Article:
I recently listened to a podcast about one of the earliest human civilizations – the ancient Sumerians. Apparently, our system of minutes, hours, and days has been with us since the time of these ancient people, who developed it based on a simple base-12 counting system:
- There are three joints in each of the four fingers
- You can count twelve by tapping each joint in turn with the thumb of the same hand
- When you reach twelve, you hold up a thumb or finger on the opposite hand and start again
- When all five digits are outstretched, you’ve counted sixty – the number of seconds in a minute, and the number of minutes in an hour
The measurement of time is obviously a human construct. And our system for doing so is apparently based on human anatomy and then imperfectly aligned with our planet’s journey around its sun and rotation about its axis. Which all seems rather arbitrary.
This got me thinking.
Do arbitrary decisions about our frame of reference have implications for how we interpret the world?
That’s Interesting. But How Does it Relate to Trading?
Consider that a financial market consists of a series of events. For example, transactions where an asset changes hands (but also submitted and amended orders). These events are sequential in nature, that is, they happen one after another. But there are loads of them. An active market might have millions of transactions occur in a single day, and hundreds of millions in an entire year.
That poses a significant problem for an analyst. How can we possibly make sense of such an enormous amount of data in an efficient and meaningful way? Of course, it is possible to analyze a market on an event basis (that is, tick-by-tick, or order-by-order), but such analysis requires significant computing power and is largely impossible to inspect visually.
The Group-Summarize-Analyze Paradigm
The familiar answer is that we typically group events into categories, summarize or report their most interesting characteristics, and then analyze these summaries rather than the events themselves.
Typically, we do this by grouping events by time, and then reporting some summary data that describes the group as a whole.
That, of course, is the familiar Open-High-Low-Close (OHLC) bar or candle that we see in the typical price chart.
We could also report the mean price of all the transactions if we wished, as well as any other statistical properties of interest.
Consequences of Summarizing
Consider what happens when we use summary data in our analysis. Let’s start with an OHLC bar from a daily chart. From potentially millions of events that occurred during the day, we derive four values: the price of the first and last transactions of the day, as well as the highest and lowest prices of the day. That’s useful, but it also results in an information loss.
For example, we might be able to infer possible evolutions of price during the day from the shape of the bar, but we can’t be sure exactly how events unfolded. OHLC bars also summarise the overnight session into two data points – the close of one bar and the open of the next. But again, we don’t get any detail.
One consequence of this is that simulations that rely on summary data have imperfect information. They may need to rely on assumptions.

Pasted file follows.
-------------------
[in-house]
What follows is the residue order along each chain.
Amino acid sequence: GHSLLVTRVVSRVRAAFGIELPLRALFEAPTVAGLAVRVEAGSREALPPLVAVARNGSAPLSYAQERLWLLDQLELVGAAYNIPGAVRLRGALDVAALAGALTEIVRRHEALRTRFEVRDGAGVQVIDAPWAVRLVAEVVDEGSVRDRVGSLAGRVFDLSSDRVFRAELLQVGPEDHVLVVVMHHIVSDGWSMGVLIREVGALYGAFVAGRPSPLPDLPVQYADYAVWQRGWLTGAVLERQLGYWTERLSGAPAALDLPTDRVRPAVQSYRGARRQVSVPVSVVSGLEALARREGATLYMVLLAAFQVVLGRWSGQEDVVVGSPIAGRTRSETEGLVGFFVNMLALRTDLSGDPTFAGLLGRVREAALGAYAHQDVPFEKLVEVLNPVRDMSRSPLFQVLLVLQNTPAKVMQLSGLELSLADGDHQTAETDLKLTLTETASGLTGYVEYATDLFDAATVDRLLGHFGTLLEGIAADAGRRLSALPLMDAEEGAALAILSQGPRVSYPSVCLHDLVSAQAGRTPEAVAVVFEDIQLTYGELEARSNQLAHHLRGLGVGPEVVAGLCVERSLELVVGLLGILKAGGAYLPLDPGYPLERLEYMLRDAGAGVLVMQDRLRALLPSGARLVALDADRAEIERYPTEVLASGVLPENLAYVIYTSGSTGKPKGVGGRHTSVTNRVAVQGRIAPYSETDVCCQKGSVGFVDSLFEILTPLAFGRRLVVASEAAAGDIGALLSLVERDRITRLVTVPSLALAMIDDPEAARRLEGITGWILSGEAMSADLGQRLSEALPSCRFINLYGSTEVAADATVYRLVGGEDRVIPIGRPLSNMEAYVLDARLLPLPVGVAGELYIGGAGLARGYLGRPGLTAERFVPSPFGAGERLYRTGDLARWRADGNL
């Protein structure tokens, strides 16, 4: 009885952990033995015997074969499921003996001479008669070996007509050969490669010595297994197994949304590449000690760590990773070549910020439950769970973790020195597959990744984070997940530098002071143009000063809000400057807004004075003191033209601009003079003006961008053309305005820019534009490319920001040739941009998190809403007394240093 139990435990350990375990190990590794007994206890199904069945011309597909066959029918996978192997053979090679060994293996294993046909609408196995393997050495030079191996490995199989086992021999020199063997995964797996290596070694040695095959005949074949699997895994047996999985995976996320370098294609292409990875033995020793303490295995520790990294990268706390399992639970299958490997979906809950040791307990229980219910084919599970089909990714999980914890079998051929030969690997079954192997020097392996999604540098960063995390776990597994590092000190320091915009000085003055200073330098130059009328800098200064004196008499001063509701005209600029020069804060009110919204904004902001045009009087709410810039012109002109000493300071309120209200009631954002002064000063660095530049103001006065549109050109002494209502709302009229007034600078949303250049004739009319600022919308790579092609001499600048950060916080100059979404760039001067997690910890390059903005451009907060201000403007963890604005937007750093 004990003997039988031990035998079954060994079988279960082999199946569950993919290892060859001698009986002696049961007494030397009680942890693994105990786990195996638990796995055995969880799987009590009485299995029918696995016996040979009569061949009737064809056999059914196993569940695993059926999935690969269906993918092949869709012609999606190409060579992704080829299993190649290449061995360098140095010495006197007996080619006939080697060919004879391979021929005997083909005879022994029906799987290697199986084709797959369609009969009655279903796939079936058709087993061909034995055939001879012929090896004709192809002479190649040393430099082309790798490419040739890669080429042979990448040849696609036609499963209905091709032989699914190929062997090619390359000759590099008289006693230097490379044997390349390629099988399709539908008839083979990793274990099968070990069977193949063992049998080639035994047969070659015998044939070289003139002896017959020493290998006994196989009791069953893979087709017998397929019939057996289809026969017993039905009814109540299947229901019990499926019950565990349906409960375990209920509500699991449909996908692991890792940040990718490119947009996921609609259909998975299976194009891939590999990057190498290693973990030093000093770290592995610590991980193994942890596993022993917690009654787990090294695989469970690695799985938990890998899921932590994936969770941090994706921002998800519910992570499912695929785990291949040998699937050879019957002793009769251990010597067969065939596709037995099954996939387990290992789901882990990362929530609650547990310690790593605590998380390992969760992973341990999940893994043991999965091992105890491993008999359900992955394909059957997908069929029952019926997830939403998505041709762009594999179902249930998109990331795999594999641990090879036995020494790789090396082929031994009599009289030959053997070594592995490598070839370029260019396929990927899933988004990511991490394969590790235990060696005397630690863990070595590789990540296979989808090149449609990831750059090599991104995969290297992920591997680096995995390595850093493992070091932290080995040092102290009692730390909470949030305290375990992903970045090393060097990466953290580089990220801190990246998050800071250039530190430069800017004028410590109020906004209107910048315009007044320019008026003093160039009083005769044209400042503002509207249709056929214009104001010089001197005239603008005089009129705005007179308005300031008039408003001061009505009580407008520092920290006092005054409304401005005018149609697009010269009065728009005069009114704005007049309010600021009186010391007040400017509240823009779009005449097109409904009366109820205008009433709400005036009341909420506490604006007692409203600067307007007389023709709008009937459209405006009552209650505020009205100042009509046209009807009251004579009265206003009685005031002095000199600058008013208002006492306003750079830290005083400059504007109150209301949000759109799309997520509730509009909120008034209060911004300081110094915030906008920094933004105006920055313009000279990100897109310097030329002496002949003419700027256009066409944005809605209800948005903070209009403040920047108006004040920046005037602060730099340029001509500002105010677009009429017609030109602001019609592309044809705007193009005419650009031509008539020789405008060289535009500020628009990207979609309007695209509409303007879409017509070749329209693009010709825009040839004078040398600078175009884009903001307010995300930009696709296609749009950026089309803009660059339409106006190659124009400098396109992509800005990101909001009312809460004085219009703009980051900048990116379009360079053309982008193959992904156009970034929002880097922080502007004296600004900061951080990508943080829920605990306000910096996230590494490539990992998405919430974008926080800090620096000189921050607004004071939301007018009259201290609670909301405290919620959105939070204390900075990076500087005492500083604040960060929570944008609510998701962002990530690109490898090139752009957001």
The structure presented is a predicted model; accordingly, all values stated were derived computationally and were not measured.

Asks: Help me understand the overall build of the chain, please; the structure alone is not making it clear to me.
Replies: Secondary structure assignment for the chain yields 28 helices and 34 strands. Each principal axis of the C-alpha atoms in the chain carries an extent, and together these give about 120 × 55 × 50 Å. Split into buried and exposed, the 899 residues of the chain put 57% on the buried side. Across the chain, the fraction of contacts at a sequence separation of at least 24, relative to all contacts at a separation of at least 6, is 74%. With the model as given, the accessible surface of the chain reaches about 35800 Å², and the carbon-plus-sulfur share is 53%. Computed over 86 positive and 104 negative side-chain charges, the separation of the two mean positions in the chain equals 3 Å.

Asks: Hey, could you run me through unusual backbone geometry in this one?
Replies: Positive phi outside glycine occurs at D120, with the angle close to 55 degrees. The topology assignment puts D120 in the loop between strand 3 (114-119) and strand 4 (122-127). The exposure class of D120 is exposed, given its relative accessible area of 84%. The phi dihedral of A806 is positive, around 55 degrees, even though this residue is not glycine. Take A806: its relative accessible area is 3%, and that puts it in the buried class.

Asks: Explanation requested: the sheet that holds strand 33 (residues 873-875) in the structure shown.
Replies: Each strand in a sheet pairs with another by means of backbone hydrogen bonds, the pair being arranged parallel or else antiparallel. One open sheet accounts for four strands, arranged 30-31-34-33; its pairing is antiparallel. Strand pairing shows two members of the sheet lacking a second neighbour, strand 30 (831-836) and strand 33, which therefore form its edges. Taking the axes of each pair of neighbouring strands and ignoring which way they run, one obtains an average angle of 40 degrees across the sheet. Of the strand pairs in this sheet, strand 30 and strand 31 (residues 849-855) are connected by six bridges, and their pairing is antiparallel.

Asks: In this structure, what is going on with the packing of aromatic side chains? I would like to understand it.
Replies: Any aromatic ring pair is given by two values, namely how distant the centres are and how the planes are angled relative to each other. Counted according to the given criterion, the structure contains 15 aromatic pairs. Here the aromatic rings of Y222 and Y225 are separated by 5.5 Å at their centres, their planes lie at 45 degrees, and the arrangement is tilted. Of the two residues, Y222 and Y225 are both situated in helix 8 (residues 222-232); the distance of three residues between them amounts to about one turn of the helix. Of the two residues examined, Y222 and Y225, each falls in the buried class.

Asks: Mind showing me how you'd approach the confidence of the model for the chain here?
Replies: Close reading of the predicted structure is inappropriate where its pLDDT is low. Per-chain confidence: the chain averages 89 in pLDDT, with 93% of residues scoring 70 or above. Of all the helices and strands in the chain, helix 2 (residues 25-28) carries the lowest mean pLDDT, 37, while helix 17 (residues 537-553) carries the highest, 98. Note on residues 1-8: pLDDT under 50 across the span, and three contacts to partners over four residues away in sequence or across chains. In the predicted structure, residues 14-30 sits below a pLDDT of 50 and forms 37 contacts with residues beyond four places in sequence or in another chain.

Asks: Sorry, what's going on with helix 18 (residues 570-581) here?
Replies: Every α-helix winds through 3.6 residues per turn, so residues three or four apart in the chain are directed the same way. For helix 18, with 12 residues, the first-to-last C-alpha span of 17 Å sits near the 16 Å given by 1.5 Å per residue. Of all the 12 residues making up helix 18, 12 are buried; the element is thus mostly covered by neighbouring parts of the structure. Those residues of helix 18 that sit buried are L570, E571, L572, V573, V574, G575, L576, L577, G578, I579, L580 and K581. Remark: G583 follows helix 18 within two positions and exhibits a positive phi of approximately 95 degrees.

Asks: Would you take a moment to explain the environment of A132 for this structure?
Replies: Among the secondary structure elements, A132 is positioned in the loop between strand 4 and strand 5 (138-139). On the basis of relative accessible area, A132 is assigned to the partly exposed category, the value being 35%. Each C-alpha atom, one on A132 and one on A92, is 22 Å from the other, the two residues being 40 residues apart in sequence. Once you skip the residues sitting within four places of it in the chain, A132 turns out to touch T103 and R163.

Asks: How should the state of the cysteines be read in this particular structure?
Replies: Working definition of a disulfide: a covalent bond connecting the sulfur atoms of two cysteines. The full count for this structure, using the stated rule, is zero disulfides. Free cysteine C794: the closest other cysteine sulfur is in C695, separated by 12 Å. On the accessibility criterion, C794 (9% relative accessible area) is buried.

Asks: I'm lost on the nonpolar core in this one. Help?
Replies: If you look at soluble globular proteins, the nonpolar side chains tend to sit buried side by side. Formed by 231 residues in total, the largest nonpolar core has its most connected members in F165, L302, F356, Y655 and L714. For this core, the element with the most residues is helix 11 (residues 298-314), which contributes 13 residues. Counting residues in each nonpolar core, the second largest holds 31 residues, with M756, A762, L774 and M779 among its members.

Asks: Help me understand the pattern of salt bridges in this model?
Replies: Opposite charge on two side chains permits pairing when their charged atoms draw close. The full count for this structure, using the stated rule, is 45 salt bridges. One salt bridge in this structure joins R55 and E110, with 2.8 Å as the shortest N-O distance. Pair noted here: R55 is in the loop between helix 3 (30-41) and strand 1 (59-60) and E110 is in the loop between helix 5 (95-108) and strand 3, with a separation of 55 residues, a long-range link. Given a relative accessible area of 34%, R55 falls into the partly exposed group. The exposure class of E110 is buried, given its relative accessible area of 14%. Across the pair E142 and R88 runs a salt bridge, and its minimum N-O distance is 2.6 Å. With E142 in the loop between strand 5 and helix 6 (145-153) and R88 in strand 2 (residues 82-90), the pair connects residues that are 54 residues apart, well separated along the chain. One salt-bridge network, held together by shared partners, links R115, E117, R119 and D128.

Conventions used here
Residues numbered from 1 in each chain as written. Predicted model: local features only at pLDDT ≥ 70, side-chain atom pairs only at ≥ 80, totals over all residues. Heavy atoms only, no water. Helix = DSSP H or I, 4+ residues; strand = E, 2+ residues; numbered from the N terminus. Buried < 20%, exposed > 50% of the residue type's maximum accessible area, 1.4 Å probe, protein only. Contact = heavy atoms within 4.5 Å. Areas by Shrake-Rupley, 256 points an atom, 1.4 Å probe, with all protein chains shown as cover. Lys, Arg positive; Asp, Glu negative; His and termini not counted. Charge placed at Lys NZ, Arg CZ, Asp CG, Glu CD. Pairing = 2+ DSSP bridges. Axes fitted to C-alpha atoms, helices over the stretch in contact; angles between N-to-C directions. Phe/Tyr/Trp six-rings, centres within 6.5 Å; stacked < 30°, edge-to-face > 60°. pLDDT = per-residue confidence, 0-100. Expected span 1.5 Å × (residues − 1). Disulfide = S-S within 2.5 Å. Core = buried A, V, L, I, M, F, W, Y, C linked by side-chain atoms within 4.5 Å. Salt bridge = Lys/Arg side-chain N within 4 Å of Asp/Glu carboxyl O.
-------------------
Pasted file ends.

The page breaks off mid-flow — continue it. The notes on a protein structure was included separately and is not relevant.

For example, say we had a trade in the market, and both the stop loss and take profit levels of the trade were within the high-low range of a particular bar.
Which was hit first?
Thanks to the information loss associated with summarizing our data, we must make an assumption, which has a (potentially huge) impact on the simulation results and their accuracy.
Also, consider the open-close boundaries of our OHLC bar. In the 24-hour currency and cryptocurrency markets, when does a daily bar begin and end?
That decision directly impacts the OHLC data that we use in our analysis, and by extension, the results of that analysis.
This concept also extends to intra-day time periods.
For example, why do we typically summarize hourly data into hours that start and end neatly on the hour? Is there some principle related to the underlying market phenomena guiding this decision, or is it something that we have taken for granted without a lot of thought? What impact might this have – if any?
Shifting the frame of reference to our advantage
One consequence of the arbitrary nature of our frame of reference is that we can potentially pick a different arbitrary frame of reference to test various hypotheses or even to generate more data.
For example, say we use hourly price data in order to research a trading idea. We think we’ve found evidence of an edge. We can test the robustness of that edge by creating hourly bars that are offset by some number of minutes. If the edge is real, it should still show up on the offset data.
If there’s one thing I’ve learned about researching the financial markets, it’s that assumptions should always be tested.
Some assumptions are obvious – if I use closing prices in a backtest, then I’m assuming that I got filled at the closing price. If I use a fixed spread in calculating trading costs, then I’m assuming that it’s a reasonable estimate of the spread at the time I trade. Whether these assumptions actually matter is context-dependent.
Some assumptions are less obvious, but still very real. For example, if I use walk-forward optimisation, then I’m assuming that there’s some level of autocorrelation in the optimal parameter set.
There are other assumptions – such as our use of hours, minutes, and seconds to summarise price data – that are so fundamental to our view of the world that we don’t even realise we’re making them. Thinking about these assumptions can not only lead to deeper insights into the nature of the markets but also reveal creative research techniques.